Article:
- Image 15: Representation of the execution of St. Sebastian by the Romans in 288 by means of "death by bow and arrow" so that he ended up looking "like a hedgehog". Painted between 1493-1494 in Cologne, Germany
The fact that the mythical world tree was possibly intended as a conifer is supported by the use of the word "barr" twice in the Edda:
"Four stags enter the branches of [Yggdrasil] and bite off the leaves [barr]."
"What is the name of the tree [barr] that spreads its branches over all lands?"
Fjölsvinnsmál, verse 19
That's because, while Old Norse "barr" can be translated as tree or leaf, it could just as easily be conifer or needle!
From both texts it can be interpreted that it is a tree that is (was) widespread throughout Europe and occurs frequently.
Well, the yew is the oldest known native tree species in Europe and dates back to the Tertiary (155 million years ago), so it existed before the Ice Age. This is proven by several fossil finds!
- Figure 16: Natural occurrences of the yew today. (1992)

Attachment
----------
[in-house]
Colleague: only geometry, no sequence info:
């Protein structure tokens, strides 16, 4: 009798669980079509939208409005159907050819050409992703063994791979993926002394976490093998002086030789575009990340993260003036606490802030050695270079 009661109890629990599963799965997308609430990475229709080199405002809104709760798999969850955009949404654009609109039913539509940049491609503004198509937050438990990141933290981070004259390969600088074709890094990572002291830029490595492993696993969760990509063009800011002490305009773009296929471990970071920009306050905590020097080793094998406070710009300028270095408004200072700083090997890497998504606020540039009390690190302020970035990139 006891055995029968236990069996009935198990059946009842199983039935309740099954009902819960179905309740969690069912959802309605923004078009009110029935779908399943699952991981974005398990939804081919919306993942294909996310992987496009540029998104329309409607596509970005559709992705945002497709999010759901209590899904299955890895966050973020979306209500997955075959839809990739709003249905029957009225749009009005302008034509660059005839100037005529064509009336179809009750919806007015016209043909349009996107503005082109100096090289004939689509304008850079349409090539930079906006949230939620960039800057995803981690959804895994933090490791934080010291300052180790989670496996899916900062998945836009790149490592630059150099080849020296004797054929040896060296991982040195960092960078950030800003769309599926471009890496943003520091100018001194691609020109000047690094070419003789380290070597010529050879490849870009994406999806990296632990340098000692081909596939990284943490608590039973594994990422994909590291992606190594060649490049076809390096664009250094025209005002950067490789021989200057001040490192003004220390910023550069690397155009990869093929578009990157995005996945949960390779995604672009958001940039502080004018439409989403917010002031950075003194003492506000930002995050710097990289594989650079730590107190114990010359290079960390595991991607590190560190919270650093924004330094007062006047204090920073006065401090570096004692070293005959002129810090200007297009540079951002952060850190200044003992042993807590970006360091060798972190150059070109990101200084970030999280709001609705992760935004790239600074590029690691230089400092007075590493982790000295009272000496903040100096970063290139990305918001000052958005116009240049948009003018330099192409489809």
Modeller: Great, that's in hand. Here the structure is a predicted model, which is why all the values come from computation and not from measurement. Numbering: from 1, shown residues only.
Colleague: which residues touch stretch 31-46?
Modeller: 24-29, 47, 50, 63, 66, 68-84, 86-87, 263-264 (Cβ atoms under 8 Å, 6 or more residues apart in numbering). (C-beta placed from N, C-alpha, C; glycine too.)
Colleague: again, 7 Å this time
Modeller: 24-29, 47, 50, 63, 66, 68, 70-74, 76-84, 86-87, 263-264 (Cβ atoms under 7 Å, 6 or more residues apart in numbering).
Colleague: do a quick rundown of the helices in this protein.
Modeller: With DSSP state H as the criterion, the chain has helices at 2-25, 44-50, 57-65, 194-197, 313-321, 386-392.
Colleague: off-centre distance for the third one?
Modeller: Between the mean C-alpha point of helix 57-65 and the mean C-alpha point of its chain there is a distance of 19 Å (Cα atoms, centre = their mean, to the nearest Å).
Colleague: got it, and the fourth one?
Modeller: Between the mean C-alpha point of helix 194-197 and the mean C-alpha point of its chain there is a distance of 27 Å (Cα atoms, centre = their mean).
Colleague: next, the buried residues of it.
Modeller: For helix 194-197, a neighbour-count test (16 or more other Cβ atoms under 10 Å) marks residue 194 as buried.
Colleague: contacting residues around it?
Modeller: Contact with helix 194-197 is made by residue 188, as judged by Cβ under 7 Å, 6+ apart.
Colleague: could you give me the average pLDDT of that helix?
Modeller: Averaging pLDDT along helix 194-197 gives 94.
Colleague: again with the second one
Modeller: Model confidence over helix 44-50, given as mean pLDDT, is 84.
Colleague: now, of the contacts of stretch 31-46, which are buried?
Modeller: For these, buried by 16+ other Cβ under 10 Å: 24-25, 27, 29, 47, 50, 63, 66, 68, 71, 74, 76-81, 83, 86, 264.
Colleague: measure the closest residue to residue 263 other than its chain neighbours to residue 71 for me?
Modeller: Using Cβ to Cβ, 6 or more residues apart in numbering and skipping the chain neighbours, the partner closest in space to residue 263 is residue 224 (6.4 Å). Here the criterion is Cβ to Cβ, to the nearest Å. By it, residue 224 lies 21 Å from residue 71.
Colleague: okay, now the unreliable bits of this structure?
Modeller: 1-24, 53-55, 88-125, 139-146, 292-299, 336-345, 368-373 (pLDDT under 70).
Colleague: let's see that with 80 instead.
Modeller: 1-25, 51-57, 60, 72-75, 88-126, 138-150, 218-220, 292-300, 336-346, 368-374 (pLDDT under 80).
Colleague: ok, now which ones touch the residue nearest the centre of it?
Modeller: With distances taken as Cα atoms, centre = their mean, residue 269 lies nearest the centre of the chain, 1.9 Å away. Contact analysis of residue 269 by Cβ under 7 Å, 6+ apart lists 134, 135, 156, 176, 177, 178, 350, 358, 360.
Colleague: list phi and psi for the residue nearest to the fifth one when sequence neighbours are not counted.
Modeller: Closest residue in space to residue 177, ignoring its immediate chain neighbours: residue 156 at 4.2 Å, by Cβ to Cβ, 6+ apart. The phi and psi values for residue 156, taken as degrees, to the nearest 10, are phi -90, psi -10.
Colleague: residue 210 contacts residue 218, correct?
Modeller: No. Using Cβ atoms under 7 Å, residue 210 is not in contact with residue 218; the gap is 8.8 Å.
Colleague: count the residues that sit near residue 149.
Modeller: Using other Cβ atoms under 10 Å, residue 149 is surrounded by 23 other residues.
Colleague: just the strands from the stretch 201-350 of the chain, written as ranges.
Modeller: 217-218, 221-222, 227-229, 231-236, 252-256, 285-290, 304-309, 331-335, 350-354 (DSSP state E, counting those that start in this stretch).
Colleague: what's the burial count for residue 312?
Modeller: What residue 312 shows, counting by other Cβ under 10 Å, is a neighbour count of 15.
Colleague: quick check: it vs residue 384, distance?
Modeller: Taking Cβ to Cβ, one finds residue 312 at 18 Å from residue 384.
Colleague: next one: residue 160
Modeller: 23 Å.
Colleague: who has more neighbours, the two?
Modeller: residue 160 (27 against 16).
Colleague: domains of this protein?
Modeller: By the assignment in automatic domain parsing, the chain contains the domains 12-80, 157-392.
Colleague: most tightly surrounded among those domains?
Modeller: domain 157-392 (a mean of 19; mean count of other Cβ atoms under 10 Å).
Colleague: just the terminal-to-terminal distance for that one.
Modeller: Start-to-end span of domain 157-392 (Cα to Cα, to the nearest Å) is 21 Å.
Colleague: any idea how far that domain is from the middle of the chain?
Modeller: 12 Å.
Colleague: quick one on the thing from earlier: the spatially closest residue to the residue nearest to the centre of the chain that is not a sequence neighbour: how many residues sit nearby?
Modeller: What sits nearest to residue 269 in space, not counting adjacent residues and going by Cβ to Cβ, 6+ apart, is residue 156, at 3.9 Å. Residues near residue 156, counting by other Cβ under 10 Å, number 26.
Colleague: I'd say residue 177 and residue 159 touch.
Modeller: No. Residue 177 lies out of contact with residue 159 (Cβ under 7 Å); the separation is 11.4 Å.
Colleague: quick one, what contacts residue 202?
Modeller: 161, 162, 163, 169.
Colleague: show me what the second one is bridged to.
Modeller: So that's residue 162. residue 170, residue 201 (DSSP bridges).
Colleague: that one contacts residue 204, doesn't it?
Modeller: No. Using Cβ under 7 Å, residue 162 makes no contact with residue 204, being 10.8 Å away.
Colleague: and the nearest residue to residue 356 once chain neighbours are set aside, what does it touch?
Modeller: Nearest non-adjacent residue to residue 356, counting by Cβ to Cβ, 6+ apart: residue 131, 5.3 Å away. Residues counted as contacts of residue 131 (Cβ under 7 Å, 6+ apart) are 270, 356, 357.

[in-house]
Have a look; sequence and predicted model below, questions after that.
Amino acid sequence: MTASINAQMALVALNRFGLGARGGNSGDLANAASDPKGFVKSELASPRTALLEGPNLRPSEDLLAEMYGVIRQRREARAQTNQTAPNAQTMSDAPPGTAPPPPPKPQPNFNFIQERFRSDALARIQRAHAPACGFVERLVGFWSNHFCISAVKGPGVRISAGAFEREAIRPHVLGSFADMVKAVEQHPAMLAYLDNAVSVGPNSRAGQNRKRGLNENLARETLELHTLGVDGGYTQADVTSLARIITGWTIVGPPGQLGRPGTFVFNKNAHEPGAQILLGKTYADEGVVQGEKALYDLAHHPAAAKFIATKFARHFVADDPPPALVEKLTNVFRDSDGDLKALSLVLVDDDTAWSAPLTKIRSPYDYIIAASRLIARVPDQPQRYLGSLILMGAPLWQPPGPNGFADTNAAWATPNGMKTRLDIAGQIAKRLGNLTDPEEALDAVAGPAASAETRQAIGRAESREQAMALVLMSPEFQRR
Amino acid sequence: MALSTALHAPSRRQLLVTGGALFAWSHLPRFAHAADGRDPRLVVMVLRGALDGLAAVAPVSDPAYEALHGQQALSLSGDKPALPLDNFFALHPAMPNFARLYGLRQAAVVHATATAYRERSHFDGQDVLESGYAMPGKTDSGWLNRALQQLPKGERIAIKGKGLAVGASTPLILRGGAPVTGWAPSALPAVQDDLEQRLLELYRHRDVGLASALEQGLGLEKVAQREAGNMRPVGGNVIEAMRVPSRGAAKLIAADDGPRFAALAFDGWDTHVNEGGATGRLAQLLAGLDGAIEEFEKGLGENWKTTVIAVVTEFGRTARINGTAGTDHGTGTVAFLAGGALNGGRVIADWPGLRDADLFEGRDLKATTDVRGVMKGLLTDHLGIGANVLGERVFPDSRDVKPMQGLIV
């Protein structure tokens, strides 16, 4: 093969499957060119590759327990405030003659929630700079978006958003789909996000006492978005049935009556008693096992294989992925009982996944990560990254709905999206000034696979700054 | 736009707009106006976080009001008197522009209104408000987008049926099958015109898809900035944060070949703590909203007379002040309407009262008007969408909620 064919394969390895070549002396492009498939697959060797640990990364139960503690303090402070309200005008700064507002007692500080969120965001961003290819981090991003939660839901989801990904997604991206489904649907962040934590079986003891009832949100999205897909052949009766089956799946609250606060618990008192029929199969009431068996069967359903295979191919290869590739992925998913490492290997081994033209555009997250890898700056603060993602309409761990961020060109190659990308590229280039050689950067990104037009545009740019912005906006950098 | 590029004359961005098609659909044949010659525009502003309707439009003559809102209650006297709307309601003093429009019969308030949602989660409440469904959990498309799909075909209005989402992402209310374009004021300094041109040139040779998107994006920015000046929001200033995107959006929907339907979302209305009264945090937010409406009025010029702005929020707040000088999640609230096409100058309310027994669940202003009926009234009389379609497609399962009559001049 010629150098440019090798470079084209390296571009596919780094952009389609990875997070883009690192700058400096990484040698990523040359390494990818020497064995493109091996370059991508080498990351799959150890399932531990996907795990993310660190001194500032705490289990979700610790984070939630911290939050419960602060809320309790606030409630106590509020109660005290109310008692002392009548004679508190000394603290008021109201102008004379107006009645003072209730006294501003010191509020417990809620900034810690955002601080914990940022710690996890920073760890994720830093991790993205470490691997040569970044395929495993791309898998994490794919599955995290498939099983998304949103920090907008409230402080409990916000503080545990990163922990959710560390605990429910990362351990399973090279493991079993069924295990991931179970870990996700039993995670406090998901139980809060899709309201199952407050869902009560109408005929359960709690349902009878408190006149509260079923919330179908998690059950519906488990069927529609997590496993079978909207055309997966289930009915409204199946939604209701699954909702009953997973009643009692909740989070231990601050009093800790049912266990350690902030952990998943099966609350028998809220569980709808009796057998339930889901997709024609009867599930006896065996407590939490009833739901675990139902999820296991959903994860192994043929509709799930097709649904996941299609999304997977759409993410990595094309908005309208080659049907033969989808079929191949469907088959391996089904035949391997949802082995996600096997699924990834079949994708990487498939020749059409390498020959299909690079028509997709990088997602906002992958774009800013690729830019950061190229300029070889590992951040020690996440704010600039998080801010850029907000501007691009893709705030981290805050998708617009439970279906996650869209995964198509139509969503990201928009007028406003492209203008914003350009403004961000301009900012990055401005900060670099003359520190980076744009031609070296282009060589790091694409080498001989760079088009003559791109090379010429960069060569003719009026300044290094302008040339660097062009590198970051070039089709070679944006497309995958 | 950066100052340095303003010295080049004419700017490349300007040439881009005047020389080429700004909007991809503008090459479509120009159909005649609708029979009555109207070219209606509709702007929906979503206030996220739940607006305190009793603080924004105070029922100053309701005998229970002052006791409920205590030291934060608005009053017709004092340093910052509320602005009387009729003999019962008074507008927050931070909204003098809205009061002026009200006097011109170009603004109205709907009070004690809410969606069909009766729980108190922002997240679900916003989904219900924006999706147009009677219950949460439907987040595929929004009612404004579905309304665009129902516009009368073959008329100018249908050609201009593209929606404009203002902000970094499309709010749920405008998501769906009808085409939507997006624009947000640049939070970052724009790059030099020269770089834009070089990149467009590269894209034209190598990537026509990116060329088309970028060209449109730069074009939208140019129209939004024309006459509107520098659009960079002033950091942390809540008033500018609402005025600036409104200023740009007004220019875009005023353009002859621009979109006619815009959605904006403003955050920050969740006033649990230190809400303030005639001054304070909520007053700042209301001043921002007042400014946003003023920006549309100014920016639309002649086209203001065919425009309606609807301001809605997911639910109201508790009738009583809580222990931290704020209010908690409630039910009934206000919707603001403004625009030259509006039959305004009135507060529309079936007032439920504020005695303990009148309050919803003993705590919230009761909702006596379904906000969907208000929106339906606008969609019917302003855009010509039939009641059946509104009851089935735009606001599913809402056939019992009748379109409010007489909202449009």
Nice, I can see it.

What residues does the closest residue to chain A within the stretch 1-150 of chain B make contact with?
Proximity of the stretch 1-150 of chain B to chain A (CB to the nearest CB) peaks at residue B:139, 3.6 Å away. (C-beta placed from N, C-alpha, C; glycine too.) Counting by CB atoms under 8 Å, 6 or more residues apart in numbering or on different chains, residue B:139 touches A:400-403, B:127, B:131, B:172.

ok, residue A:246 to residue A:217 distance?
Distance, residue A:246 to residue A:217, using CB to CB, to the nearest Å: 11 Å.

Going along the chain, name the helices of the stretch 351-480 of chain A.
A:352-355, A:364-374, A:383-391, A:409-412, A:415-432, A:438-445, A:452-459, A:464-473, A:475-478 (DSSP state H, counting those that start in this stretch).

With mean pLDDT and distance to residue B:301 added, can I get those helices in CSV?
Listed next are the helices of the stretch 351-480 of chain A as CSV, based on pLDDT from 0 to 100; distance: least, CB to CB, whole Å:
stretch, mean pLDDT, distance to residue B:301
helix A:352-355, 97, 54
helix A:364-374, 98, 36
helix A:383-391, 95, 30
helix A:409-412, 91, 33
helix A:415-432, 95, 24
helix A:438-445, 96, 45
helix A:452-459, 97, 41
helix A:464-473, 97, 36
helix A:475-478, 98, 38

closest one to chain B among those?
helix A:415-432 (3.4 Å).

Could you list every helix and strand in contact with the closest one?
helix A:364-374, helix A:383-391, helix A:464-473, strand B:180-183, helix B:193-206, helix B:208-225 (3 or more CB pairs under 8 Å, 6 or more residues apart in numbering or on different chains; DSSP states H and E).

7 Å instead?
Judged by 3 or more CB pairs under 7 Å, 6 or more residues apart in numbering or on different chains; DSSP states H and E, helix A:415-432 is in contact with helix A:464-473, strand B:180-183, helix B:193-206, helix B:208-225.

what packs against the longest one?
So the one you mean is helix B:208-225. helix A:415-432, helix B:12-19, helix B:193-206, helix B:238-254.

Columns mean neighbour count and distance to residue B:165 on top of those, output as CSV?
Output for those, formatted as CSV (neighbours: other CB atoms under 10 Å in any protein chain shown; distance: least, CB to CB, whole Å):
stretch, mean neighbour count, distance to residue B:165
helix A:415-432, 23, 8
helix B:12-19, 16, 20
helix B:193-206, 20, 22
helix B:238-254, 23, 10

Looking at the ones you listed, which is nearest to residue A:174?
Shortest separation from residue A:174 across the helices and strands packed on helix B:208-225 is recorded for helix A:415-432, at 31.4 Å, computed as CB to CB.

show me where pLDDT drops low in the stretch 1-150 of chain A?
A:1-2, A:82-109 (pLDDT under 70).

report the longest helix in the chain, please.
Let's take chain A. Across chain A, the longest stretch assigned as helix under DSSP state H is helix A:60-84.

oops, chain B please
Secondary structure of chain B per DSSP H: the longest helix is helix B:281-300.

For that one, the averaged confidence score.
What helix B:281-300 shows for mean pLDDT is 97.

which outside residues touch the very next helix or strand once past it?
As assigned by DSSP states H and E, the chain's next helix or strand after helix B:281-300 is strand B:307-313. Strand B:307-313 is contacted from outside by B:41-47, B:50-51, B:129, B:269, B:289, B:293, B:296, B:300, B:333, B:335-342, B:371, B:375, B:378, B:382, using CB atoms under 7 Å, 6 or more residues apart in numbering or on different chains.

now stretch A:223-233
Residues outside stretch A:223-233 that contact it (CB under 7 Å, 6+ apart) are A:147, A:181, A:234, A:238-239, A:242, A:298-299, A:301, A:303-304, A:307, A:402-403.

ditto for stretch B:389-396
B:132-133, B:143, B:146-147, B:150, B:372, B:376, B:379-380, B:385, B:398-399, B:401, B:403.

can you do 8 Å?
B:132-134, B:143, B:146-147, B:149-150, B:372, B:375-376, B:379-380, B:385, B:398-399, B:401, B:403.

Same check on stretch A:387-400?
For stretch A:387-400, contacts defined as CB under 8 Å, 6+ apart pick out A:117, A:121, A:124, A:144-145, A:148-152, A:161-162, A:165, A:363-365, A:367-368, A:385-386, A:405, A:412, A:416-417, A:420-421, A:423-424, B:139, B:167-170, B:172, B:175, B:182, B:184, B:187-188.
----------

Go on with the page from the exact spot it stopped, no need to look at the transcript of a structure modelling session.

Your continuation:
In addition, it is the most shade-tolerant tree species in Europe, which used to be found in all forests of Central and Northern Europe, under the so-called "umbrella" of other trees, just as it still does today, but unfortunately it is much less common today!
There is also talk of deer penetrating the branches of Yggdrasil and feasting on the branches. However, ash trees usually grow very tall (>30m) and the idea of deer penetrating the branches makes little sense.
However, even in old age, the yew trees tend to reach down to the ground with their branches!
From today's point of view we also know that there is no other tree species that is bitten more by deer and deer than the yew! It is precisely this factor that makes natural regeneration and re-spreading of the yew so difficult.
The idea of deer pushing into the branches is therefore much easier with a yew than with an ash!
- Picture 17: Deer attack yew trees on the "Albis chain" in the canton of Zurich, Switzerland!
About the tree Mimameid in the Song Edda, which is equated with Yggdrasil, it is said:
"The tree is particularly significant for the women among the people"